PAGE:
If you’ve ever built a wooden box you know that it is virtually impossible to get the four sides to align perfectly along the top, even if you have executed your joinery flawlessly. It is quite common that you will end up with small ridges in each corner where the pieces meet, and if you don’t address it, the box will look as though it is poorly constructed. There are several ways to deal with this (hand plane, cutting on a table saw, power sander, etc.), each introducing challenge and risk into the equation. The infamous craftsman Jimmy Diresta shares a technique that he has come up with to deal with this challenge. The steps are straightforward, and the results are positive and consistent.
Make a sanding sled. Using some scrap material, attach a piece of sandpaper that will be used to flush the joints.
Mark the edges of the box. An important part of this process is to keep track of where you have removed material, and which portions of the wooden box top remain untouched by sandpaper. Use a pencil to mark a line on each surface. A double line is appropriate so that you are sure to notice any remaining lines after sanding.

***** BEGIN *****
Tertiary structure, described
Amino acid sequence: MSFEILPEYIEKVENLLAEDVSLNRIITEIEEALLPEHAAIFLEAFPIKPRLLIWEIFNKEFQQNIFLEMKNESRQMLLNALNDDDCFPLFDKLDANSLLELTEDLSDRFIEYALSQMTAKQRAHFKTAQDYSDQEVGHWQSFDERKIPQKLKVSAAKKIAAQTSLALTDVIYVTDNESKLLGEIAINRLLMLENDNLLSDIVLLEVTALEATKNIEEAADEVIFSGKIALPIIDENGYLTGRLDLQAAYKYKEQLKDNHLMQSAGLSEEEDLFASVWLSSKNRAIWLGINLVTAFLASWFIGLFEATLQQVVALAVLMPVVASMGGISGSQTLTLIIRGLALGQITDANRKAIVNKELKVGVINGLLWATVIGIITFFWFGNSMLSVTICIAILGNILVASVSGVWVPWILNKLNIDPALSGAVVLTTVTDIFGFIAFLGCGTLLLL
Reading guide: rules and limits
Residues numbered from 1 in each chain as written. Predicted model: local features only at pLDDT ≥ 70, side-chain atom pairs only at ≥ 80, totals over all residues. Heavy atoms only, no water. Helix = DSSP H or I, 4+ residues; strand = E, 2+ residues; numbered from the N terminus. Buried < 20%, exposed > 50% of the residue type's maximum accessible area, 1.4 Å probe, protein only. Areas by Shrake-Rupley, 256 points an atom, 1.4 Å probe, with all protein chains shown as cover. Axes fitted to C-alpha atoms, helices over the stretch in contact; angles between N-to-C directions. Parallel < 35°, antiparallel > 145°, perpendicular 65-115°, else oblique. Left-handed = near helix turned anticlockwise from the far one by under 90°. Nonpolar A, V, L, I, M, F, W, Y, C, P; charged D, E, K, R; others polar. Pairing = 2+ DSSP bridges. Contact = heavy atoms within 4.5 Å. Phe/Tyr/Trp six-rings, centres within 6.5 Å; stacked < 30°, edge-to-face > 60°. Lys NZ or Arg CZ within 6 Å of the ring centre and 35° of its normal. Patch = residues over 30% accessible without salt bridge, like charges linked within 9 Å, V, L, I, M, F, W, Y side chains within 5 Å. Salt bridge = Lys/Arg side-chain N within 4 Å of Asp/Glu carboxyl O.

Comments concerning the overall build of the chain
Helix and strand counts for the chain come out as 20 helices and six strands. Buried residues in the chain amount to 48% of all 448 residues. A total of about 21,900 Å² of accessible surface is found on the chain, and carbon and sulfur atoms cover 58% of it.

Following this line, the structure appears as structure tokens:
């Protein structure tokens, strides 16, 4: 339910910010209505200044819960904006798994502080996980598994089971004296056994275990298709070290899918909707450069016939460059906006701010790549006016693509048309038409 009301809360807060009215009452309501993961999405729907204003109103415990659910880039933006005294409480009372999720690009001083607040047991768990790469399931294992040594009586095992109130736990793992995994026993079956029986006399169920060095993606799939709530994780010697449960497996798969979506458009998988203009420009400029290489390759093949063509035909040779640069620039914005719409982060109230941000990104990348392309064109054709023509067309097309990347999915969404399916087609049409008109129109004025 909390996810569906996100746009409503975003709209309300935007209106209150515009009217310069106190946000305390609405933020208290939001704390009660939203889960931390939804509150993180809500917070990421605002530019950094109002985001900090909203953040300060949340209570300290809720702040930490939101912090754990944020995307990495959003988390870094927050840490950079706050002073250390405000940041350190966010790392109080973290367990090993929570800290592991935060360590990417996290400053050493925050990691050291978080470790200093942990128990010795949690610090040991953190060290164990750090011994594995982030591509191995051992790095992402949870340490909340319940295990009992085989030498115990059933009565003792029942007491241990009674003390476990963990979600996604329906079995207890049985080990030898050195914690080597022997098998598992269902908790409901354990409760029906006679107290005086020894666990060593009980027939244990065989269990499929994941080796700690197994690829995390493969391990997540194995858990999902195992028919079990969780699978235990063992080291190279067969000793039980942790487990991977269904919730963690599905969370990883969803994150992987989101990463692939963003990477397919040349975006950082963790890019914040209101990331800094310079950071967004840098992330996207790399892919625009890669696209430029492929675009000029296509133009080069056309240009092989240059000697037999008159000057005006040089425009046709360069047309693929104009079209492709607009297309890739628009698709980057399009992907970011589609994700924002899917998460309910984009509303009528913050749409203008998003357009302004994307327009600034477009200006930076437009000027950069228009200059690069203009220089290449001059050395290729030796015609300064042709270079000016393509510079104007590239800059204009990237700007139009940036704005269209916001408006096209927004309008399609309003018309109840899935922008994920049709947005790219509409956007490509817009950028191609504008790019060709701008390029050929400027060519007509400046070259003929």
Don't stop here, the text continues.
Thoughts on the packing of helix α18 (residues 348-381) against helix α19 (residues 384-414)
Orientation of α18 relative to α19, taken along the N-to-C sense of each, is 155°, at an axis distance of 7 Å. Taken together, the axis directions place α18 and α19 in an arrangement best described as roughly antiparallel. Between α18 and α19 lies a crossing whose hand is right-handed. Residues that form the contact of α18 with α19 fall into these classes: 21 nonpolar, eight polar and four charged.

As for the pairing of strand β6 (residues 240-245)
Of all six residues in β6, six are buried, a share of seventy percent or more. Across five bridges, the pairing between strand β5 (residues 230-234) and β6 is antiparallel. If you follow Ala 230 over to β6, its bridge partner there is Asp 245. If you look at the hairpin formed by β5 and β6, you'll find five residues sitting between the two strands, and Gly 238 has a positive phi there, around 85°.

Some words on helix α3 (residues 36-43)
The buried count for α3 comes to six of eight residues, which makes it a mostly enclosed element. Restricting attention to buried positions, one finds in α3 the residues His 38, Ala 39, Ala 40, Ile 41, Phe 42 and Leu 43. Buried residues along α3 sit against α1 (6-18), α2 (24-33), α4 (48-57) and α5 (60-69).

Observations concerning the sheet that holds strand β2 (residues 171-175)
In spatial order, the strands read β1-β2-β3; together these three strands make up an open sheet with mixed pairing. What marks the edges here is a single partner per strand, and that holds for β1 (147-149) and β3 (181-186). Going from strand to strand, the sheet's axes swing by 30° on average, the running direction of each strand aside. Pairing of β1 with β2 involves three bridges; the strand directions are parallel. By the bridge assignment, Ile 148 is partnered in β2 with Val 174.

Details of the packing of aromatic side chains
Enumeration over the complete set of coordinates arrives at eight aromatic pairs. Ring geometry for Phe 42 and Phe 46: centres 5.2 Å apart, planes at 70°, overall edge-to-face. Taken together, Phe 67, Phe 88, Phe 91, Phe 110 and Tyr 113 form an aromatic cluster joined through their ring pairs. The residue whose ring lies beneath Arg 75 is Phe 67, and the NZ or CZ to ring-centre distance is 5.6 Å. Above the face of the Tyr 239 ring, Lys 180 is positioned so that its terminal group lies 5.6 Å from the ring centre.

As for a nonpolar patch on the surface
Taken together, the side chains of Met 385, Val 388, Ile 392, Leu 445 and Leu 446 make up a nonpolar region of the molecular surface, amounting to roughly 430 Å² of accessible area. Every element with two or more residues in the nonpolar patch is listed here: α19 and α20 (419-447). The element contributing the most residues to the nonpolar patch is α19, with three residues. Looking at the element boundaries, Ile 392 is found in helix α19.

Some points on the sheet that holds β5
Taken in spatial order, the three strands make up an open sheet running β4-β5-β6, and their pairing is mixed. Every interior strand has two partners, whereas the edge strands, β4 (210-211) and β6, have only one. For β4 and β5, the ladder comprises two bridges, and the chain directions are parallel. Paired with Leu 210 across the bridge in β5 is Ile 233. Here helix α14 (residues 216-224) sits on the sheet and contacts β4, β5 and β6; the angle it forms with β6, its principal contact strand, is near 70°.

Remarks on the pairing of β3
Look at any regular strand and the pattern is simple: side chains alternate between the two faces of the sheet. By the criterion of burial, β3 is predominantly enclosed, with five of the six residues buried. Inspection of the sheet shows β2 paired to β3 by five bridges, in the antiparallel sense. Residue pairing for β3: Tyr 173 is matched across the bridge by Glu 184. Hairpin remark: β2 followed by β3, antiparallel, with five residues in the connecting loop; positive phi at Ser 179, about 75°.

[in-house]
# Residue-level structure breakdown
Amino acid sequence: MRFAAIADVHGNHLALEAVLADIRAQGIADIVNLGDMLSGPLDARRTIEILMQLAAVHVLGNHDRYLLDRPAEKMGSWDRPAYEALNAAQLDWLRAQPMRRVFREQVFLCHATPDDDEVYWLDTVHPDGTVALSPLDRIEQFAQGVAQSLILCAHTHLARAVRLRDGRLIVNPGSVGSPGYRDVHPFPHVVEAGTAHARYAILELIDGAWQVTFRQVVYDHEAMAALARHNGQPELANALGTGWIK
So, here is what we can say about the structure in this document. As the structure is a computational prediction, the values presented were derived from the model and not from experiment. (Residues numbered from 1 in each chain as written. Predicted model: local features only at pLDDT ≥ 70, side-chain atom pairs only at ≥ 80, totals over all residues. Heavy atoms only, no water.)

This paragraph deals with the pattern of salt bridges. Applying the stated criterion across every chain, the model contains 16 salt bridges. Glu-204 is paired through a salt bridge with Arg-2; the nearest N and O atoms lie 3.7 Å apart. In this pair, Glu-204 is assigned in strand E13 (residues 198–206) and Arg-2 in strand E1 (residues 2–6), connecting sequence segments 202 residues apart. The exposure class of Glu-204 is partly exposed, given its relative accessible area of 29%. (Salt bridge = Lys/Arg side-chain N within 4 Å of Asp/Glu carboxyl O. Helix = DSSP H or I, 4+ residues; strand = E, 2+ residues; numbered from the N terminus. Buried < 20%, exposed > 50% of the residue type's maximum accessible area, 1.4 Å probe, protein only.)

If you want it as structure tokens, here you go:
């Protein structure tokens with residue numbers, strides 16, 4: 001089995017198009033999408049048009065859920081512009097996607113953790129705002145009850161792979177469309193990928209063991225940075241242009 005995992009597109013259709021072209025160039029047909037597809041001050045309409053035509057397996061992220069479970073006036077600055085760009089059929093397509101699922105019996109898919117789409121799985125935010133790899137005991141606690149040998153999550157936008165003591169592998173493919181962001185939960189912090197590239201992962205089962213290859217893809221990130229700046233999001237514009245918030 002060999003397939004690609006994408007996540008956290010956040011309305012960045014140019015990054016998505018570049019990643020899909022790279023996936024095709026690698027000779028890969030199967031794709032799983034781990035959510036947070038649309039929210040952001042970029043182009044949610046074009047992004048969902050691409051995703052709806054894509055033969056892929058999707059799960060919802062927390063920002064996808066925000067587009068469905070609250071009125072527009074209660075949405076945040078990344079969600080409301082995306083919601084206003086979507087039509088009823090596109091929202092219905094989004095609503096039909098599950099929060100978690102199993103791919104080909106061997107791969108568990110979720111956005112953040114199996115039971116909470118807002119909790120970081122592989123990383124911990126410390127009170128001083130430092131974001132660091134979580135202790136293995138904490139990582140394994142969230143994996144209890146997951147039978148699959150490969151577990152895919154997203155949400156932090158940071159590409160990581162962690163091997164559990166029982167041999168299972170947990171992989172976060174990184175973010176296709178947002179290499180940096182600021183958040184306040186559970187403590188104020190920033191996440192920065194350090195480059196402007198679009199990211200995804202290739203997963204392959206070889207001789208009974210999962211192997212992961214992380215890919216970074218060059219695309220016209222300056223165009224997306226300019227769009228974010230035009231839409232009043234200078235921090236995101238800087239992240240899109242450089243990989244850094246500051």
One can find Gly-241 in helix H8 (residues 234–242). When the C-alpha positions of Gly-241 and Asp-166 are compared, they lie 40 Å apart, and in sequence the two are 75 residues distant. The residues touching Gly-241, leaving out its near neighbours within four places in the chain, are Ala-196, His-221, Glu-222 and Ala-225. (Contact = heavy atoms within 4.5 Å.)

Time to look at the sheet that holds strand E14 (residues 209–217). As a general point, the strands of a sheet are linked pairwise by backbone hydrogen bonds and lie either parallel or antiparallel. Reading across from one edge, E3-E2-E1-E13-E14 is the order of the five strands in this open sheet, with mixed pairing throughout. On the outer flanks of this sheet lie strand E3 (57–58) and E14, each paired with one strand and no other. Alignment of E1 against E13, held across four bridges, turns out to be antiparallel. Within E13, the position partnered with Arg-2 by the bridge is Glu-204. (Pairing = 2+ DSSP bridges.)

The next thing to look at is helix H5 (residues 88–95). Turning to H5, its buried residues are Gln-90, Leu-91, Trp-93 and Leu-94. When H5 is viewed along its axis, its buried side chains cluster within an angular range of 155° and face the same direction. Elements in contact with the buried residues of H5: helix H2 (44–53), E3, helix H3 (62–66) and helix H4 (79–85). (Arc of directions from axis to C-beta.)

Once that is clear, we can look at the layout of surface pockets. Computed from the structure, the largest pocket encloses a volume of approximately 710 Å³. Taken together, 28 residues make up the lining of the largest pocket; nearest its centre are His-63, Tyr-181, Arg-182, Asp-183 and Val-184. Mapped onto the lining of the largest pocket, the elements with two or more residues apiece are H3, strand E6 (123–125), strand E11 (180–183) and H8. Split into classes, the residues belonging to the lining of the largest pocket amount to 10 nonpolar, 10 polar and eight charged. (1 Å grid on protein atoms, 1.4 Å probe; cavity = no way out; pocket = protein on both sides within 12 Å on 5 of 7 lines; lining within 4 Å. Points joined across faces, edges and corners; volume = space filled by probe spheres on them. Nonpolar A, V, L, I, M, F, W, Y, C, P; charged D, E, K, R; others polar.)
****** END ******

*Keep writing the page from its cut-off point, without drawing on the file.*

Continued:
Work the sled across the wooden box top. Use careful, deliberate motion to remove wood from the high spots of the wooden box top. You’ll have to be patient and let the sandpaper do the work. It feels like a slow process but it will be over before you know it. Keep going until all of the pencil lines are removed. Check your work by feeling the joints, but avoid looking at it because appearances can be deceiving.
This technique for flushing a wooden box top provides a helpful approach to achieving a perfectly flat top on your next box project.